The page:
Author

Texas Monthly

Recipes |
September 30, 1978

Bavarian Creme au Cafe

Lettuce Entertain You—Menu 3 Houmos Cream of Raw and Cooked Mushroom Soup Spanokopita Bavarian Crème au Café2 Tbsp plain unflavored gelatin 1/2 cup strong coffee in a small bowl or pan 3/4 cup honey 8 egg yolks in a heavy-bottomed saucepan 1 1/2 cups milk in a

Recipes |
September 30, 1978

Cream of Raw and Cooked Mushroom Soup

Lettuce Entertain You Menu 3 Houmos Cream of Raw and Cooked Mushroom Soup Spanokopita Bavarian Crème au Café7 cups vegetable stock 1 1/2 pounds fresh mushrooms 3 Tbsp butter 1/4 cup finely minced onion 3 Tbsp unbleached white or whole wheat pastry flour 2 cups milk

Texas History |
April 30, 1977

The Other Texas

Rio Grande City Michael Patrick Houston Suzanne Paul Austin Harry Boyd Rosenberg Joe Baraban Ingram Harry Boyd Hillsboro Nicolas Russell Martindale

The Stand Up Desk |
July 31, 1976

Roar of the Crowd

Bringing Them All Back HomeAs one with more than a casual interest in the refugee program in Southeast Texas,I read “The Newest Americans” by Gene Lyons [TM, June 1976] with a great deal of anticipation. Mr. Lyons seems to have a particular empathy with the Vietnamese

Style & Design |
March 31, 1974

Touts

PEYTON PLACE COMES TO DALLAS Bill Peyton’s antiques, ranging from the most elaborate Louis XIV or Napoleonic pieces to funky wine presses, Coca-Cola mirrors, church pulpits, and pump organs, come from all over Europe in 40-foot containers, or from estates in Texas, Oklahoma, and Louisiana. For 15 years he has

Art |
February 28, 1974

Touts

DEGAS IN DALLASBetter known for his paintings, the French Impressionist artist Edgar Degas saw only one of his seventy-three sculptures exhibited in his own lifetime. Admirers of his work today are more fortunate. Seventy pieces, on loan for the first time from New York’s Metropolitan Museum of Art, are currently

Food |
January 31, 1974

Touts

 Everybody, Sing! If you always wanted to sing with an orchestra but no conductor ever asked you, plan to be at “The Sing,” Houston’s bright new community sing-along.“The Sing” is for anyone who wants to sing the world’s great choral favorites (yes, of course, the Hallelujah Chorus is included). No less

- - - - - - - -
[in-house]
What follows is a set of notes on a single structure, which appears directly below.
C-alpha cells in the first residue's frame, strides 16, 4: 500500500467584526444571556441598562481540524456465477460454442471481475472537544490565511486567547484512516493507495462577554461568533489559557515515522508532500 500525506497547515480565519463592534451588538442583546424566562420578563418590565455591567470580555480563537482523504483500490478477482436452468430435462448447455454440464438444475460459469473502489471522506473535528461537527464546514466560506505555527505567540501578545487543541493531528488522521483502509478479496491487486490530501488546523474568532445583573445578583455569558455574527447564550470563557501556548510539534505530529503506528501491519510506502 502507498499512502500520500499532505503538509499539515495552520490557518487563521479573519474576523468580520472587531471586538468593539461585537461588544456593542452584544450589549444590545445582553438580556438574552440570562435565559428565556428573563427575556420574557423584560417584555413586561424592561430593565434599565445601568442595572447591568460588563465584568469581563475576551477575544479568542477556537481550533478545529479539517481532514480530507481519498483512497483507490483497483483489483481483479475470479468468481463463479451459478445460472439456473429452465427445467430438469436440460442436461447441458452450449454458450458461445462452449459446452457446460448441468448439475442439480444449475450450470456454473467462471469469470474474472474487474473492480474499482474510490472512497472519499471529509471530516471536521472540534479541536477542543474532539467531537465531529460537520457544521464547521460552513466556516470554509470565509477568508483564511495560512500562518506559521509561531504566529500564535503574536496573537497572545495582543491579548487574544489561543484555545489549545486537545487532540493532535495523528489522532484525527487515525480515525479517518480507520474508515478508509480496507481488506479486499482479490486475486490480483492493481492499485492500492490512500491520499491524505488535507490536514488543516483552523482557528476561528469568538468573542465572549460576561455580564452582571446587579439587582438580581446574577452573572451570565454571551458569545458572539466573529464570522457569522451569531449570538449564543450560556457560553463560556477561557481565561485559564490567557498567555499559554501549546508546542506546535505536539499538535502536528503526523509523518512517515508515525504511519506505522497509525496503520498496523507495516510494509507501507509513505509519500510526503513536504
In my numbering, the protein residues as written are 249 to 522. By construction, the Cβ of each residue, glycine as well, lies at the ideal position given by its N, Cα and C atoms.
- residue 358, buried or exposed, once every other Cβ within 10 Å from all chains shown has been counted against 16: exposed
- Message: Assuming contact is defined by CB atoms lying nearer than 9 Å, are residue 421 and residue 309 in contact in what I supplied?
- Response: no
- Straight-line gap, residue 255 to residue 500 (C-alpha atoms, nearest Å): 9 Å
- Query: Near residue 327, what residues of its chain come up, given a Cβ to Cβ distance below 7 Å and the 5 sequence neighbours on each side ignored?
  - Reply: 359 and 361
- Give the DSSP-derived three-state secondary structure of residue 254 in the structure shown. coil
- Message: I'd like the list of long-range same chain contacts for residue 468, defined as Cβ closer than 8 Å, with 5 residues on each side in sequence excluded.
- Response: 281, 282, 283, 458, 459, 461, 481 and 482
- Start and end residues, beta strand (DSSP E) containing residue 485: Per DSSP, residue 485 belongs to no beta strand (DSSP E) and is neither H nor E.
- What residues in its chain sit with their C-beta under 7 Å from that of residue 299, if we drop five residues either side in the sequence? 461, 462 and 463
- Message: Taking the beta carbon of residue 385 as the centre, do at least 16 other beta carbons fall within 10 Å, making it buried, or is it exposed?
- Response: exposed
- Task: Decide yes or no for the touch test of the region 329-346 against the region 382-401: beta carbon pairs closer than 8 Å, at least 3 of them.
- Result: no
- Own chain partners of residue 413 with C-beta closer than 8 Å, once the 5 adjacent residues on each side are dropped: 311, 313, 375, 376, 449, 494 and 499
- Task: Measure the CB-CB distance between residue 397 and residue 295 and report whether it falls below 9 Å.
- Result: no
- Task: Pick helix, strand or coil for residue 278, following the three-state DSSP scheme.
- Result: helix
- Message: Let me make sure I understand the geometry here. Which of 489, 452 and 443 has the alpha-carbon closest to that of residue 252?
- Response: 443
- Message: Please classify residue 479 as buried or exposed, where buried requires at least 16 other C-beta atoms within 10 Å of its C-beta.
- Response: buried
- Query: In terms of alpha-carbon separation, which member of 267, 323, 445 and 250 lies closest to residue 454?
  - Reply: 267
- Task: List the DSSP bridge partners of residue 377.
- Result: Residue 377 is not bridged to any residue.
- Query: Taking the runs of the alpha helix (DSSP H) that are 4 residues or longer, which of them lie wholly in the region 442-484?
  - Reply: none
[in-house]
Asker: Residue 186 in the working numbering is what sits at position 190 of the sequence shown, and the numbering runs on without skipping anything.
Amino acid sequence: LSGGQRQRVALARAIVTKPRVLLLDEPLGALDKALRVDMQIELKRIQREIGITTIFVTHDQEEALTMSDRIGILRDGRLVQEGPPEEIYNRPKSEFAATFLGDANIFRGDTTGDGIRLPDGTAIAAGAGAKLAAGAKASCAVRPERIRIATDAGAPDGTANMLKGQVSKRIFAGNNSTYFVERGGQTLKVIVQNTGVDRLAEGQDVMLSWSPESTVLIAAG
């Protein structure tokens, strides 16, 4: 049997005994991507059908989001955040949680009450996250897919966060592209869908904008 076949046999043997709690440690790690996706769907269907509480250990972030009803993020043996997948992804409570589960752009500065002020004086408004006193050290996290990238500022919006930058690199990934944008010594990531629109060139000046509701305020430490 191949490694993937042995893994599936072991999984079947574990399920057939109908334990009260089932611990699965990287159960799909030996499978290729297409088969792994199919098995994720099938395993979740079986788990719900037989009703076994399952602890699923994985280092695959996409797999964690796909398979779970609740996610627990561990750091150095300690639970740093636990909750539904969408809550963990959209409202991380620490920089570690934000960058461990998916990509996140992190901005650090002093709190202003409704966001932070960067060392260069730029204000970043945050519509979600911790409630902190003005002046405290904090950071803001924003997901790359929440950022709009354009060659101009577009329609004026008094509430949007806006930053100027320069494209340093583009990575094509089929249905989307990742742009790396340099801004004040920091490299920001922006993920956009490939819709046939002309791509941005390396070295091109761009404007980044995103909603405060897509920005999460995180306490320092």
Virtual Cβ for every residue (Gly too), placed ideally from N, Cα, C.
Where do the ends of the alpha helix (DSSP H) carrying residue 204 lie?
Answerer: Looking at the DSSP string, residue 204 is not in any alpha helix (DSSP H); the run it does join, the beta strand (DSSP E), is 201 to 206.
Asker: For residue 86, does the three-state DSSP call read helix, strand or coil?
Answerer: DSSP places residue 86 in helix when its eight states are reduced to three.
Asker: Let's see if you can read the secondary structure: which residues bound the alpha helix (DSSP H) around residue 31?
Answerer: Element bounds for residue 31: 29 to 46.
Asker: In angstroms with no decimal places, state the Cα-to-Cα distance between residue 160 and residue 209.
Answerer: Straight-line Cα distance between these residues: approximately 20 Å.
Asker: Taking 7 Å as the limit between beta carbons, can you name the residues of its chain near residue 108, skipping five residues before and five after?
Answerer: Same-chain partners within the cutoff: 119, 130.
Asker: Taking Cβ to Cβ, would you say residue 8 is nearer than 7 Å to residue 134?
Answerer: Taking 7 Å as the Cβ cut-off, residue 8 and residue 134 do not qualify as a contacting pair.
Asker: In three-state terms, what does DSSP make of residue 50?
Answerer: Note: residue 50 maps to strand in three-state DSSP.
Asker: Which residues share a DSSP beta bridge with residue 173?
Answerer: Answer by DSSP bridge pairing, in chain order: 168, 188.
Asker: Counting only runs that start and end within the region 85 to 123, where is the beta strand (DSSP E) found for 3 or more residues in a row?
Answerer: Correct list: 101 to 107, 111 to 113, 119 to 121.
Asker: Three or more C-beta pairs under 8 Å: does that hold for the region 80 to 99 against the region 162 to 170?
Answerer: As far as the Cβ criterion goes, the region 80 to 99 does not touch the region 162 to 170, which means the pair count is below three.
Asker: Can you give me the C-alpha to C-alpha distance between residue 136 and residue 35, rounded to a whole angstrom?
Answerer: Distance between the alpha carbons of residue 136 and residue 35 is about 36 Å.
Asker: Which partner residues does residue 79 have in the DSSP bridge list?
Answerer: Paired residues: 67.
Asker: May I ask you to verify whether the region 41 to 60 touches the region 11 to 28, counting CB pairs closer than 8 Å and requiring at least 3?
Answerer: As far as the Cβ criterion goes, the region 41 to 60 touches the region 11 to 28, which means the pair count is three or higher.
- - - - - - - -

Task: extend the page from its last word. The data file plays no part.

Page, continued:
Art |
January 1, 1974

Touts

Modern Art In HoustonSince its establishment in Dallas 6 years ago, the Janie C. Lee Gallery has been known for showing the most celebrated of contemporary American artists. In mid-December, they opened a Houston branch that promises more of the same.The initial show is a group exhibition which includes most

Art |
December 1, 1973

Touts

Future-Shocking ExhibitionHouston’s Contemporary Arts museum takes the prize again for the new and different in experimental art. Beginning sometime in mid-December (the opening date had not been selected at press time) the museum will present the combined efforts of the futuristic-oriented Ant Farm, NASA, and the Texas Medical Center, in

Texas History |
December 1, 1973

Why Dallas?

When John Neely Bryan built his cabin he didn't know what would happen to Big D as it grew, or why it would happen. A. C. Greene searches through old photographs and records to give us the answer.

Style & Design |
July 31, 1973

Touts

The Real ThingWhile billows of smoke encircle the Holmes Road dump, the City of Houston atones somewhat for its ecological sins by its production of Hou-Actinite, a remarkable 100 per cent organic fertilizer which is recycled at the Northside Waste Water Control Facility from city waste water and raw sewage.

News & Politics |
July 31, 1973

Briar Patch

THE SPACEMAN’S LAST GASPCRAIG RASPBERRY IS NINE YEARS OLD and strikingly reminiscent of Mr. Peabody’s pet boy Sherman on the old Bullwinkle show, down to an air of scientific detachment which seems to be a trait he shares with his fellow citizens of Aurora, Texas, of whom there are not

Art |
June 30, 1973

Touts

Fiddle-FaddleFiddler’s festival? A hillside field and a lake would be the perfect setting. But now they’ve covered it over with a shopping center and a parking lot.Seminary South isn’t country heaven, but it’s all right for a shopping center—it has lots of grass and flowers and trees and fountains. And

The Culture |
December 31, 1969

Texas Music Source

Texas music is as diverse as its people. Nineteenth-century immigrants to Texas from the American South, from Mexico, and Europe, shaped a variety of sounds unmatched anywhere else in the United States. Southern blues and ragtime, Mexican orquesta, the waltzes and polkas of Central Europe, all took root, thrived,